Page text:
Tectonic shift in Solar Industry has far-reaching implications
The recently concluded bidding process for supplying solar power under the Jawaharlal Nehru National Solar Mission (Phase 1 Batch 2) has seen aggressive bids as low as Rs. 7.5 per unit, bringing the long-anticipated ‘grid parity’ – matching the cost of solar power to conventional power costs – much closer than even the most optimistic projections even two years back. The sharp drop in prices of photo-voltaic (PV) modules, by as much as 50% in the last one year, and anticipation of further drop in PV prices has been the key driver for this unprecedented development.
The drop in price of PV modules is triggered by the European financial mess, forcing Germany, Spain and other European countries to withdraw fiscal concessions for the solar industry. Germany accounted for over 50% of new capacity addition in 2010, and rest of Europe further 30%; anticipated slowdown in this key market was the immediate reason for the drop in price.
Huge capacity additions in China and other Asian countries for solar-grade poly-silicon refining, coupled with European slowdown, has led to sharp drop in prices - from USD 450 per kg in 2008 to as low as USD 40 per kg now - with a target of reaching USD 20 per kg in 2012 by major Chinese manufacturers. A similar capacity addition in the solar cell manufacturing, again led by China, has resulted in the crash of PV module wholesale prices from over USD 3.5 / Watt in 2008 to USD 1.2 / Watt currently, with further fall expected in the coming quarters due to economies of scale in production.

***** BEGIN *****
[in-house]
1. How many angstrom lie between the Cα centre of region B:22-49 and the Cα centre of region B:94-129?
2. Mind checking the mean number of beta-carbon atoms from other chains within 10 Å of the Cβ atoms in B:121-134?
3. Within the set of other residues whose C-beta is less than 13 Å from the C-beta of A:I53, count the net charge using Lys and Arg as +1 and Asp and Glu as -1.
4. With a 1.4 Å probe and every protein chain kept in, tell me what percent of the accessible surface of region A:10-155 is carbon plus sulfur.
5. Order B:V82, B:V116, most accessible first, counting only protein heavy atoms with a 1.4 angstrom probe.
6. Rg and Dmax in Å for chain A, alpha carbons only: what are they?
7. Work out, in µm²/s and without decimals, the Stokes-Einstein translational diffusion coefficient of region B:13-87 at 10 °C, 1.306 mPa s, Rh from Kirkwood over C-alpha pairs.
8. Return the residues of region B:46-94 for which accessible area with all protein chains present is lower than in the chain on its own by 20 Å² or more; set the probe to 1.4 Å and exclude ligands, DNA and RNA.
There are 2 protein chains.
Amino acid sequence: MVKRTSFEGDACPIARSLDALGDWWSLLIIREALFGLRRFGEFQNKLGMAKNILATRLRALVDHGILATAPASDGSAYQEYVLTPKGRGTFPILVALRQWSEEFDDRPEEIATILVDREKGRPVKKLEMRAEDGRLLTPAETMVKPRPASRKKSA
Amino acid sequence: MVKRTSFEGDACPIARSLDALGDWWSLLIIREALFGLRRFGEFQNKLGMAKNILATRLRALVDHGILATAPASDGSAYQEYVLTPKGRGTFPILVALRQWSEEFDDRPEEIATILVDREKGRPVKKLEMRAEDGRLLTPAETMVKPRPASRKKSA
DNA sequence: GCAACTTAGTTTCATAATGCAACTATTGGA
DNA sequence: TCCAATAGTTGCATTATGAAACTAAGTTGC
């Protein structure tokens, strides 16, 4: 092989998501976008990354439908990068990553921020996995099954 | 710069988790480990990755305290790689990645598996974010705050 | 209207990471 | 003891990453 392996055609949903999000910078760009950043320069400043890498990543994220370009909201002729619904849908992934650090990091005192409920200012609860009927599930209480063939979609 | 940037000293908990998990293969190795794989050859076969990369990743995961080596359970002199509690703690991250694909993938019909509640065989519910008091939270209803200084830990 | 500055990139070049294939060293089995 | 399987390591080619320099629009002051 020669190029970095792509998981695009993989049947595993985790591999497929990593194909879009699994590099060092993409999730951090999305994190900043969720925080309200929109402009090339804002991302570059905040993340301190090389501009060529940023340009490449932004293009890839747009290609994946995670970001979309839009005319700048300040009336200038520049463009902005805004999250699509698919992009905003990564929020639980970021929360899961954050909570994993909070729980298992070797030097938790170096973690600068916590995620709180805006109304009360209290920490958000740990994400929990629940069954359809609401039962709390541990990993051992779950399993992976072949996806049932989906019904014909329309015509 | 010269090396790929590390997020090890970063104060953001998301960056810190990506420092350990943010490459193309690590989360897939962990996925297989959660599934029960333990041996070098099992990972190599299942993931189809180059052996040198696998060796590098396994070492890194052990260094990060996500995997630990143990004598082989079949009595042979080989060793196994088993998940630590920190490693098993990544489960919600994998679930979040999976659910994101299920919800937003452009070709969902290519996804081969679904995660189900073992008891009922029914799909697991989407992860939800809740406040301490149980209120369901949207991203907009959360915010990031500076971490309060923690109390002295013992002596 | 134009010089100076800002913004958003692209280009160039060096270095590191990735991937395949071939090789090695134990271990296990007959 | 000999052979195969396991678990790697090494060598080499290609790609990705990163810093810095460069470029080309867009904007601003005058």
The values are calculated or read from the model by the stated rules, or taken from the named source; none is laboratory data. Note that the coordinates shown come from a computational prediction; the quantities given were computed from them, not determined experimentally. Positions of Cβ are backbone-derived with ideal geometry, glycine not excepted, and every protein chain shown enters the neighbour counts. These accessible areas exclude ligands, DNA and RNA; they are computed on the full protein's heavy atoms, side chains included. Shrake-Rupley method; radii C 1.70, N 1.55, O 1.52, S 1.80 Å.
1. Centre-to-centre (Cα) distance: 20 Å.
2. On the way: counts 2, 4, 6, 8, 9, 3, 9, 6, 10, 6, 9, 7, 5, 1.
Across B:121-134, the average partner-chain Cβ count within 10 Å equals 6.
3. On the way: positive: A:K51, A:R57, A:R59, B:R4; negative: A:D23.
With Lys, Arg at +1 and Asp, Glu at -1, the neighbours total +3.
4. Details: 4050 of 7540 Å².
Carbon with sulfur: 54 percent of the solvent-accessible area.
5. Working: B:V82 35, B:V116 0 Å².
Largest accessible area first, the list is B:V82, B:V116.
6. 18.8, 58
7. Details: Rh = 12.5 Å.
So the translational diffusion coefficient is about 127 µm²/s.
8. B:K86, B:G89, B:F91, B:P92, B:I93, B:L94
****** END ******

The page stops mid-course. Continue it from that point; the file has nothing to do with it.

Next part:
The Indian Solar Industry is also witnessing tectonic changes in line with these global developments. The government initiatives – through JNNSM as well as the subsidies at central and state levels – have also given significant fillip to this industry, thereby making solar power a competitive alternative to other high-cost power alternatives. The impact this could have on various industries is significantly higher than what most of us can envisage at the moment.
Cost of solar power in India is already well-below cost of power generated through diesel generators; this is likely to impact the growth of DG set manufacturers, who thrived on the huge demand supply gap in the power sector. Similarly, other fossil energy sources – naphtha, fuel oil, etc. could soon become more expensive than solar energy, which can be used not only for power generation but also for thermal applications such as steam generation.
In the medium term, if the current trend of price fall continues, several other sources of power generation such as Biomass, Wind power and nuclear energy could turn more expensive than solar power. Companies that are dependent on these sectors such equipment and component manufacturers should take cognisance of such a development on their future prospects.
N. Muthuraman is ex-Director Ratings, CRISIL and Co-founder of RiverBridge Investment Advisors Pvt. Ltd., a boutique financial advisory firm.
This is the blog of the Print Version published in Business Line dated 5th Dec 2011